They Haven’t Gone Away You Know: “The Unbelievers” Come to Belfast

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Richard Dawkins and Lawrence Krauss are due in Belfast to answer questions about their film ‘The Unbelievers’. Surely not in Northern Ireland? Isn’t this the last bastion of the Evangelical Faith in Europe? It seems unbelievable to some. Yet both Richard and Lawrence felt they had a large enough audience to justify a trip to ‘our wee island’. Indeed, according to the promoters of the event at Strand Arts Centre, the tickets sold for £16.50 a piece within 12 minutes.  The Belfast Newsletter reported that the Centre didn’t even need to promote the event: word of mouth was sufficient. Who said New Atheism is dead?

Until now, evangelicals in Northern Ireland have pretended that the atheist movement cannot affect us. We have talked about the temptations that young people face and the vices they should avoid. But what about the more subtle attacks on their faith? They have been bombarded with sound bites which tell them that faith is a virus which infects the minds of idiots. Ricky Gervais and Seth Rogen have lampooned Christianity mercilessly. Drawing on the writings of Christopher Hitchens, Hozier wrote Take Me To Church which opines

“Every Sunday’s getting more bleak/ A fresh poison each week”

and asks Christians to

 “Take me to church/ I’ll worship like a dog at the shrine of your lies.”

Of course, few believers will be moved to unbelief through ridicule and scorn. But the confrontational rhetoric of the New Atheism is part of an intelligent deliberate strategy. Nobody wants to be the object of contempt; “fence-sitters” who might consider Christianity will be less likely to give the Church a fair hearing if it means being subjected to ridicule. Furthermore, by dealing in harsh, aggressive language they make other atheists seem much more reasonable and plausible. They are the “bad cops” to mainstream secularism’s “good cops”; while neither movement has a compelling argument against the truth of Christianity, together they make a potent social force.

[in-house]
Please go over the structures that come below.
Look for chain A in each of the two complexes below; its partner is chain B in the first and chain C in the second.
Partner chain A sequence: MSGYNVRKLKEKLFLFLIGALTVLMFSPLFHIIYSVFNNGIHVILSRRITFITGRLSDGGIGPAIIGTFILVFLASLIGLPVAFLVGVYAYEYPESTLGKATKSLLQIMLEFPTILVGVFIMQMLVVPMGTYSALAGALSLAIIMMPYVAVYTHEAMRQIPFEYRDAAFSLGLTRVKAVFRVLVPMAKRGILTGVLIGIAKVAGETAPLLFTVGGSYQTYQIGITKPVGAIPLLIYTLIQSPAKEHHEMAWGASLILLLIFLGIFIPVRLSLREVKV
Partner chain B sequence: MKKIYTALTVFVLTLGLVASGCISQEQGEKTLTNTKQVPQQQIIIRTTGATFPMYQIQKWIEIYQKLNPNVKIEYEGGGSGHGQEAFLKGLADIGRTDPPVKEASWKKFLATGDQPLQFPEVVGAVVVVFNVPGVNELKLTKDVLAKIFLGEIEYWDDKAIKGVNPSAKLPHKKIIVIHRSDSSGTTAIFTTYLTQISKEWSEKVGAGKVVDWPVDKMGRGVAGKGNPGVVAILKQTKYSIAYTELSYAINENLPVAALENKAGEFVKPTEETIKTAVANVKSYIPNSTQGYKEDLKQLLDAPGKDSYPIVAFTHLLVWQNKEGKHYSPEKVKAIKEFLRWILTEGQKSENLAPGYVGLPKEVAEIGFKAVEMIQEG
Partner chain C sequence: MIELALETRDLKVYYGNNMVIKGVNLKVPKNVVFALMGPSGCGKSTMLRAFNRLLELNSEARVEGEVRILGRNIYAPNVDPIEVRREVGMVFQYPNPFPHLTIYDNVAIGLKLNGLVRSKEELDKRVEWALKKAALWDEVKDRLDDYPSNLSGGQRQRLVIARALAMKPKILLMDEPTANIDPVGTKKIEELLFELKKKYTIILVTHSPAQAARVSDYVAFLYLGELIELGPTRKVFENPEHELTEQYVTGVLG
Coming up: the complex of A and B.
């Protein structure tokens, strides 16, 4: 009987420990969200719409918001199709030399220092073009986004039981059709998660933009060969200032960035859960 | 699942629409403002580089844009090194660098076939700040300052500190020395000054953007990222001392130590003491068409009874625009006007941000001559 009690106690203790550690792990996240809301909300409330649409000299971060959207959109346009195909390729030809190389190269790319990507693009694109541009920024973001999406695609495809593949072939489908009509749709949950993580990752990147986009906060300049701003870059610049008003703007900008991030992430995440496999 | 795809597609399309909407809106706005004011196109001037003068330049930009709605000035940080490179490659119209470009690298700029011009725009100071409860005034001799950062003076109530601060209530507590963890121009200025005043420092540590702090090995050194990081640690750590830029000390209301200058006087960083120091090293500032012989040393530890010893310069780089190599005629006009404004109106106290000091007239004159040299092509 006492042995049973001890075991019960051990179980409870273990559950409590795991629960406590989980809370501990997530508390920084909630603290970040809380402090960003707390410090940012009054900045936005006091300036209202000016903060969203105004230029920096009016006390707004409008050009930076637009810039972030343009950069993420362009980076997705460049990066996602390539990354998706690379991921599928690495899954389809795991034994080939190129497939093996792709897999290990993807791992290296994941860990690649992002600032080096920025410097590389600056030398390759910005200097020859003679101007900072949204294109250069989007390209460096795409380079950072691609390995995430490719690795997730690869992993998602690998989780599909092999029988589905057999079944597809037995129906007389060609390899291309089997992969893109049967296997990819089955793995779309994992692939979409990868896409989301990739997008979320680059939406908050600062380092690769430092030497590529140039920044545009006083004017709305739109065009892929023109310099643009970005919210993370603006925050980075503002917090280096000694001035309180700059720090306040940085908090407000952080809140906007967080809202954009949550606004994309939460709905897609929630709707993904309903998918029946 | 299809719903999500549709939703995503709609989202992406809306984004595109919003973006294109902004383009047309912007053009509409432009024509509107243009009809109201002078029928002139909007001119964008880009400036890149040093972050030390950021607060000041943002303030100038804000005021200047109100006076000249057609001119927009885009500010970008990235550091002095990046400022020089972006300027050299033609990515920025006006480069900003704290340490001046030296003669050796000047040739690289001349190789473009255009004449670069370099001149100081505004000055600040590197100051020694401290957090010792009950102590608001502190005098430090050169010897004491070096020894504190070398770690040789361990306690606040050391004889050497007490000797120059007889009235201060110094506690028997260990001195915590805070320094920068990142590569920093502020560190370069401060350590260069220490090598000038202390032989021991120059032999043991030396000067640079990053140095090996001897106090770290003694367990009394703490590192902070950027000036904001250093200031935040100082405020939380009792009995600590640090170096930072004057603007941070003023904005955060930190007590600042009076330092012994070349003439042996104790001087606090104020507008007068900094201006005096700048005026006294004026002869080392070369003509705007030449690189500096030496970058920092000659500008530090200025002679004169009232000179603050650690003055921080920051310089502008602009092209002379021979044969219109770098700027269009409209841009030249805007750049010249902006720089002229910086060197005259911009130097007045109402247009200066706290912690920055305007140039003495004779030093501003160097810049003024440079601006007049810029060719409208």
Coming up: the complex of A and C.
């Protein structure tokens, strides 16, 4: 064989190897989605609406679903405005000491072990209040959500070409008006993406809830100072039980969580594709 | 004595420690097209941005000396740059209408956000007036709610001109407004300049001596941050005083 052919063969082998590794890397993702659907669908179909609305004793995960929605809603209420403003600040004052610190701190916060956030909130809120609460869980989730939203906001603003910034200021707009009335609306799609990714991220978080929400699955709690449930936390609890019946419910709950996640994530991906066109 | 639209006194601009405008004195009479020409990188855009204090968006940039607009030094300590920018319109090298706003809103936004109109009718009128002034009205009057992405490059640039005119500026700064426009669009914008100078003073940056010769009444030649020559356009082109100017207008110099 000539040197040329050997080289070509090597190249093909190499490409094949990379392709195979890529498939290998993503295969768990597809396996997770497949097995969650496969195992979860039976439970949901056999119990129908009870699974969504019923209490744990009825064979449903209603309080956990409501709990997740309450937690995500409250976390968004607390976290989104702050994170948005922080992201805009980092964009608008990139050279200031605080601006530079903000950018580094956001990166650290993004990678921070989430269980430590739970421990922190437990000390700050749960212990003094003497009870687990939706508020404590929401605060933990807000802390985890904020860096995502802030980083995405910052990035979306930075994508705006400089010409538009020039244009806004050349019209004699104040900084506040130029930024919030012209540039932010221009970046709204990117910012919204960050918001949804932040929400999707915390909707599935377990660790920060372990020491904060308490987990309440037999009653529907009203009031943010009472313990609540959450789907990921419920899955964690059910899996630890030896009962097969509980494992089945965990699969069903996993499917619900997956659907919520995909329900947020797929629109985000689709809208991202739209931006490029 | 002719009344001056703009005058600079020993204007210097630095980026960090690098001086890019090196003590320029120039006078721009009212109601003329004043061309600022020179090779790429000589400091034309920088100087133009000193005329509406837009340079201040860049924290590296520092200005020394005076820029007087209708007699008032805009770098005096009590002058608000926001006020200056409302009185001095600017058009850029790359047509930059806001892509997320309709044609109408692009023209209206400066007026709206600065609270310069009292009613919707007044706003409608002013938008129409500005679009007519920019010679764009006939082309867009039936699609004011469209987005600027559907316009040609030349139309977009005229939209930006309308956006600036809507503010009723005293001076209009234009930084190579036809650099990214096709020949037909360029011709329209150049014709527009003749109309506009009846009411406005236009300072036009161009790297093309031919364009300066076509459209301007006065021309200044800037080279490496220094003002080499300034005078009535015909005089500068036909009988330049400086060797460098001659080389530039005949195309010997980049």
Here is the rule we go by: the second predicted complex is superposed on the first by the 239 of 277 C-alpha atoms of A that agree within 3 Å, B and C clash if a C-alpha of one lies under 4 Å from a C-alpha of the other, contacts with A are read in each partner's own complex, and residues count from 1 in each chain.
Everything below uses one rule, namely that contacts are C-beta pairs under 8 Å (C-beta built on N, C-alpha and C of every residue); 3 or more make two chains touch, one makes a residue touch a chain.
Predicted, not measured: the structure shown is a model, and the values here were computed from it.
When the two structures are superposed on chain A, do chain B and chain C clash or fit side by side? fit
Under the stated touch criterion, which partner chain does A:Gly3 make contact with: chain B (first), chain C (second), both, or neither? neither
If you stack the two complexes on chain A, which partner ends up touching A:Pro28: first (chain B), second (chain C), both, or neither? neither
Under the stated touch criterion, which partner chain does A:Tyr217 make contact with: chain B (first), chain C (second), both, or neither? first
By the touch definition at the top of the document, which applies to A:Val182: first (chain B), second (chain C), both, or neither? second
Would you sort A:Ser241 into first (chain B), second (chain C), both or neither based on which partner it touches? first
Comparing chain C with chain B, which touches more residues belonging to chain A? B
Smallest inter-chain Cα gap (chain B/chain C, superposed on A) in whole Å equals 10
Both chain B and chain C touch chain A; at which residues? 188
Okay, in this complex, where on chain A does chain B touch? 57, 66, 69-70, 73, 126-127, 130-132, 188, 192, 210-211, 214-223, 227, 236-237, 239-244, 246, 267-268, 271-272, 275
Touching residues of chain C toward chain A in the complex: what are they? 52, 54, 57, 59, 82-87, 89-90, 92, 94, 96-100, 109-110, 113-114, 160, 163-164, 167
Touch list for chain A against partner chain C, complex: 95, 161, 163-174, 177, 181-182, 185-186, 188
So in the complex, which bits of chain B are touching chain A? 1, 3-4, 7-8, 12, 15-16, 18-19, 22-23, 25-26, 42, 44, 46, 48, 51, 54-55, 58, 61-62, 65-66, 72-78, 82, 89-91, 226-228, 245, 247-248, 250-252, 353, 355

Yet it seems that the Church has not seen fit to provide the basic teaching to help young Christians deal with these pressures. Why is this? We have been too caught up in our own sub-culture, promoting events and projects at the expense of thought and depth. Too much of our worship has focused on experientialism. Thoughtless emotion is not an adequate foundation for any relationship, never mind a relationship with the living God. Every person has a mind that God claims for himself. Our ideas and beliefs must be converted along with our emotions and will.

We cannot rationally compel people into the Kingdom; nor can we guarantee that apologetics will keep every person in the faith. However, we cannot preach, witness, evangelize or pray someone into the Kingdom either; no-one neglects these works. More attention on the substance of our faith and less emphasis on the style of our ministries is bound to lead to a richer harvest. The defence of the faith is an essential part of evangelism and discipleship and it has been heart-rending to see it neglected in so many churches.


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